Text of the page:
As the pond began to fill, I let out our dog Tucker. Tucker immediately was on the case and began to sniff and sniff around the yard. Up over here and then down over there. In circles, out of circles till it dawned on me that he was following the scent of the raccoon.

As I followed Tucker following the raccoon, I could see raccoon paw prints on the driveway. They were cute, blue paw prints with splishy splashy drops alongside the footprints.

The bigger picture began to unfold as I stepped back and saw the blue body outline on the deck cement landing. Ah-ha! This is where he got out! Bet he thought he was going into some raccoon swim pool. Probably told his friends to “Wait in the shallow end where you can sit.” Then he went to the deep and got more than he bargained for. Took one big dive and hit the pump box, got scared, and tangled himself in the turtle spitter hose. And that friends, is where “the wheels fell off”- total mayhem.

Help I’m drowning and I can’t get out

Image by Andreas Hoja from Pixabay

Once the raccoon entwined himself with the hose, he probably realized it was going to be “live or die”. I’m sure a frantic swim began with raccoon arms flailing, raccoon screams, and chittering. Yanking and pulling at the hose and the fountain. Till all was disassembled and his “friends” decided trouble was afoot as the water was quickly being drained and so they promptly left.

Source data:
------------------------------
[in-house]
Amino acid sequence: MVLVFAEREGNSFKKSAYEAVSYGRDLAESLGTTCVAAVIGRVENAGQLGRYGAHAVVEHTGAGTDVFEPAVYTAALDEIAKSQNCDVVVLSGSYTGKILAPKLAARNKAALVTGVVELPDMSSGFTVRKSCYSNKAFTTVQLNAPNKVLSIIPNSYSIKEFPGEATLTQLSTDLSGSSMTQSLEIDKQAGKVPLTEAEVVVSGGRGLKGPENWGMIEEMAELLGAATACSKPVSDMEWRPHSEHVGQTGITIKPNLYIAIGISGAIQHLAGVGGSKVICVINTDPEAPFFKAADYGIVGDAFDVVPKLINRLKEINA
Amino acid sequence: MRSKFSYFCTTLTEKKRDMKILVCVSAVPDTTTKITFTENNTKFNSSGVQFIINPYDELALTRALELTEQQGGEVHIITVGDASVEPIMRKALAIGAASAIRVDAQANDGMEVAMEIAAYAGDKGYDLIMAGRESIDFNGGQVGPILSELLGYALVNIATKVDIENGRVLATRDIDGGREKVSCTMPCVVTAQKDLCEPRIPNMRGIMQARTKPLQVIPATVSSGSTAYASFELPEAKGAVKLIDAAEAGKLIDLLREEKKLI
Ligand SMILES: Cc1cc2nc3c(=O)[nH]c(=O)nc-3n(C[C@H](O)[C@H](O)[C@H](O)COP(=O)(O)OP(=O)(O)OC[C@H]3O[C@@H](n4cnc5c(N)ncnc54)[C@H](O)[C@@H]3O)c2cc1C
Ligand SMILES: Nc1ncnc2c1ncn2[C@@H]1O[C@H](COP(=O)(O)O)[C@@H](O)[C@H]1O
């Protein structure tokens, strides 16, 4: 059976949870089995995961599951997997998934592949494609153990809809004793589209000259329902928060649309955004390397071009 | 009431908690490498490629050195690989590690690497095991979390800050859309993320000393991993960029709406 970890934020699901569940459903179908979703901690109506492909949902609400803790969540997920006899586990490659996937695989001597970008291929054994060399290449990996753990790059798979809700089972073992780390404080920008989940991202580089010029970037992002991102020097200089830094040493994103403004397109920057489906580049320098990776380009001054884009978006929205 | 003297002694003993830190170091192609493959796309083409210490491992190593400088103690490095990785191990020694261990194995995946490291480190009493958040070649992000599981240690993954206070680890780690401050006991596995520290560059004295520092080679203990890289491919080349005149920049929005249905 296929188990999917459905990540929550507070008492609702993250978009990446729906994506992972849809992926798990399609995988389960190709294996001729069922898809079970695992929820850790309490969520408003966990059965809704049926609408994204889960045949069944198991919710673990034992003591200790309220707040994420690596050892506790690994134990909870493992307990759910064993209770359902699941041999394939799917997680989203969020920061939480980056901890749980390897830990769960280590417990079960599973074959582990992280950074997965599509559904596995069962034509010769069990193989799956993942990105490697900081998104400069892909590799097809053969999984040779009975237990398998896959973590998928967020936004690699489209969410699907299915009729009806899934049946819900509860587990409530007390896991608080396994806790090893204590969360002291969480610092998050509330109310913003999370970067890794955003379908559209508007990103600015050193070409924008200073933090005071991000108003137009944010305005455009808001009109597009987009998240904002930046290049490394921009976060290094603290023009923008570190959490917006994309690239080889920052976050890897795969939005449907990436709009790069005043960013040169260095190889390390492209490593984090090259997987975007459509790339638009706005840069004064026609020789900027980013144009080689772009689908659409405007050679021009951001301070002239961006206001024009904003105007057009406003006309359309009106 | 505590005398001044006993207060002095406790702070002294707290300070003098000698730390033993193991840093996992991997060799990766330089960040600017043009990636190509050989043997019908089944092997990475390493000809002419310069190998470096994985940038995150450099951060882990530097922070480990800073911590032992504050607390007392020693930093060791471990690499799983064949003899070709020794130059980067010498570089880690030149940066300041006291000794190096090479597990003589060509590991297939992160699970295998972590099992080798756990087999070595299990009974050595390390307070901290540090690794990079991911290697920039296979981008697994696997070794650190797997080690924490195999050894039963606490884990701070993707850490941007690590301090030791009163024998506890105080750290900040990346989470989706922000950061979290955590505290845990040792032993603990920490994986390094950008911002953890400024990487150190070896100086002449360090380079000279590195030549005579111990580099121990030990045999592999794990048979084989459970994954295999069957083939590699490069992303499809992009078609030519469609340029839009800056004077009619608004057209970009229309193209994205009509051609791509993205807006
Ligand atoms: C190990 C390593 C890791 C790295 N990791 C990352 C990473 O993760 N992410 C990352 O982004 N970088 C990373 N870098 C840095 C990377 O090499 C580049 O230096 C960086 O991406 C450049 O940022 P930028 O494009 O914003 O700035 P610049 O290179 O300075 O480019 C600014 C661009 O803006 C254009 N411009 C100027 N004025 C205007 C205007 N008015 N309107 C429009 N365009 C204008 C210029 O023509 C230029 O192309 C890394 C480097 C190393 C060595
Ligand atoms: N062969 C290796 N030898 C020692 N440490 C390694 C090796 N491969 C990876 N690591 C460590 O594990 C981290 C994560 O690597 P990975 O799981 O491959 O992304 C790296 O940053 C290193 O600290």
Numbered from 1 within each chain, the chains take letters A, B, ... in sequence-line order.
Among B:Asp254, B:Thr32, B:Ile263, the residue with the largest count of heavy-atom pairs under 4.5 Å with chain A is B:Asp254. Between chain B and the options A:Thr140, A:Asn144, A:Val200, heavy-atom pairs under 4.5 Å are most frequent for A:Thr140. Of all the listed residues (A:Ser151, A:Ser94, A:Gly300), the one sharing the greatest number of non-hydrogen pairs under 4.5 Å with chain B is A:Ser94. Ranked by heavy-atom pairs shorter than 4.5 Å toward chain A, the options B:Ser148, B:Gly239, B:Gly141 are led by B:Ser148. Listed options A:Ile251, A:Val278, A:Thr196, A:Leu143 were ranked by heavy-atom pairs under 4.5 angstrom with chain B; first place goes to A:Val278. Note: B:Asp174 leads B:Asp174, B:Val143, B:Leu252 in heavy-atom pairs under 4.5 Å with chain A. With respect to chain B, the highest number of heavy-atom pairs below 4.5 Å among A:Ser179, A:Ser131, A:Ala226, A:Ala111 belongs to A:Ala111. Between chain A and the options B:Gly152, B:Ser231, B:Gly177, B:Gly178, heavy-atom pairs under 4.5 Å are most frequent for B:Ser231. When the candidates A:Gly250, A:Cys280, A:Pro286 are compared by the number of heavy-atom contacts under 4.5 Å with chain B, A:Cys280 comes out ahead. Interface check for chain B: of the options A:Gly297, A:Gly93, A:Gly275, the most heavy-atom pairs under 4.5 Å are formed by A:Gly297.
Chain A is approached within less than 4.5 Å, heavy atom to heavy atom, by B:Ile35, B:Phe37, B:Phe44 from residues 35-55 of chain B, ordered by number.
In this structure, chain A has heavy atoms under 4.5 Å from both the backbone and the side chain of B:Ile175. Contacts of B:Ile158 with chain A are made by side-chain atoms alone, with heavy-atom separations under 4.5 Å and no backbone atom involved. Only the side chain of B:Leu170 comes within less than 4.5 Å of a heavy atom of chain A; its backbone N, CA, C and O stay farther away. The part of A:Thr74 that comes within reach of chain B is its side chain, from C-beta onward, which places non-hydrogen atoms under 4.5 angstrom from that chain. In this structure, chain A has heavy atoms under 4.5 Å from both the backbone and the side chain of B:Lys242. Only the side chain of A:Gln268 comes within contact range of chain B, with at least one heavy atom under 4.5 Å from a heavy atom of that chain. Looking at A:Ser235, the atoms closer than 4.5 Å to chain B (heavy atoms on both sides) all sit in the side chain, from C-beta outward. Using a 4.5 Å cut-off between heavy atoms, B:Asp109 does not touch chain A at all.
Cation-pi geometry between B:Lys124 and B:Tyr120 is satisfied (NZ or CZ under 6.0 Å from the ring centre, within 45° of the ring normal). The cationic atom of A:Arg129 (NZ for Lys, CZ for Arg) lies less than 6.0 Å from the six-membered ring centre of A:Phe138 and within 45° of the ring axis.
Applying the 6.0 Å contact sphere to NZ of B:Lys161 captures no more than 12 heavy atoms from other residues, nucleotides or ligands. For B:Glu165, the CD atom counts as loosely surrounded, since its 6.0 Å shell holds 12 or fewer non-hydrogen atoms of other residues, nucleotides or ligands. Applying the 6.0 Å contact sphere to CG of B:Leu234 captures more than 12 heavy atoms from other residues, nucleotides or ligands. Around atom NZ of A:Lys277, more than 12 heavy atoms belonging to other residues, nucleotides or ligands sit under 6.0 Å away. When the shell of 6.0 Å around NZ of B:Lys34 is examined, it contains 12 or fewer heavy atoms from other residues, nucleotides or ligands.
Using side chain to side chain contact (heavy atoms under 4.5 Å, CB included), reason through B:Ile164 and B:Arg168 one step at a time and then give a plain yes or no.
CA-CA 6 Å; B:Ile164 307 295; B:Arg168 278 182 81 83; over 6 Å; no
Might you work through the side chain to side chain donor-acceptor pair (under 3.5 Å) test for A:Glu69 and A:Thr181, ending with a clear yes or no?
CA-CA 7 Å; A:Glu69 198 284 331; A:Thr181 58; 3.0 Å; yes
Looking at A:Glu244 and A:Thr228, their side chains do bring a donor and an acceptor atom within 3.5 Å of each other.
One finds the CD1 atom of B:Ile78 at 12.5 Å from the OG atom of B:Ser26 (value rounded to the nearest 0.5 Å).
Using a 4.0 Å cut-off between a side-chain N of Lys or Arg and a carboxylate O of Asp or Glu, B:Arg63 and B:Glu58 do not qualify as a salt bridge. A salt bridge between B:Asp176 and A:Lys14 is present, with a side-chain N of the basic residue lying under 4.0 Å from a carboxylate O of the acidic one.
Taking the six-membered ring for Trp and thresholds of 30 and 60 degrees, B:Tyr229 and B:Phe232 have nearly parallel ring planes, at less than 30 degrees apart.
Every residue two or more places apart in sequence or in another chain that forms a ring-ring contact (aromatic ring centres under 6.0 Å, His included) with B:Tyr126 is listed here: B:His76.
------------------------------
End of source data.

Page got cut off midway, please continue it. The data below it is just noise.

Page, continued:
Then after realizing he could stand in the water (this probably has described a few of us at the lake-we’ll say no more), calm returned, and with some exhaustion, he pulled himself out and laid on the patio cement landing. Let’s mark this as Crime Scene one and two. Pond and patio landing.

Crime Scene three will be the wandering trail on the grass, as the raccoon contemplated his near fate and vowed to never swim in the pond again. Crime Scene four will be the paw prints on the cement driveway leading up to the stoop under the patio.

That leaves us with Crime Scene five. Crime Scene five is another place of rest. Foot paw prints on the driveway leading up to the stoop. This is where our miscreant sits and eats my cat’s cat food, as he realizes his fur is blue… BLUE?! How in heaven’s name did I get blue fur? Ah… life choices have a way of catching up to us, sometimes leaving a mark- or dye in this case.

Book’em Danno

Image by waldiwkl from Pixabay

I hope the raccoon community got a good laugh as he returned home to the tree. But as I am reading about raccoons, they, like opossums, live a solitary life; getting together for spring rituals and then parting company. We humans mostly see mother raccoons and their kits.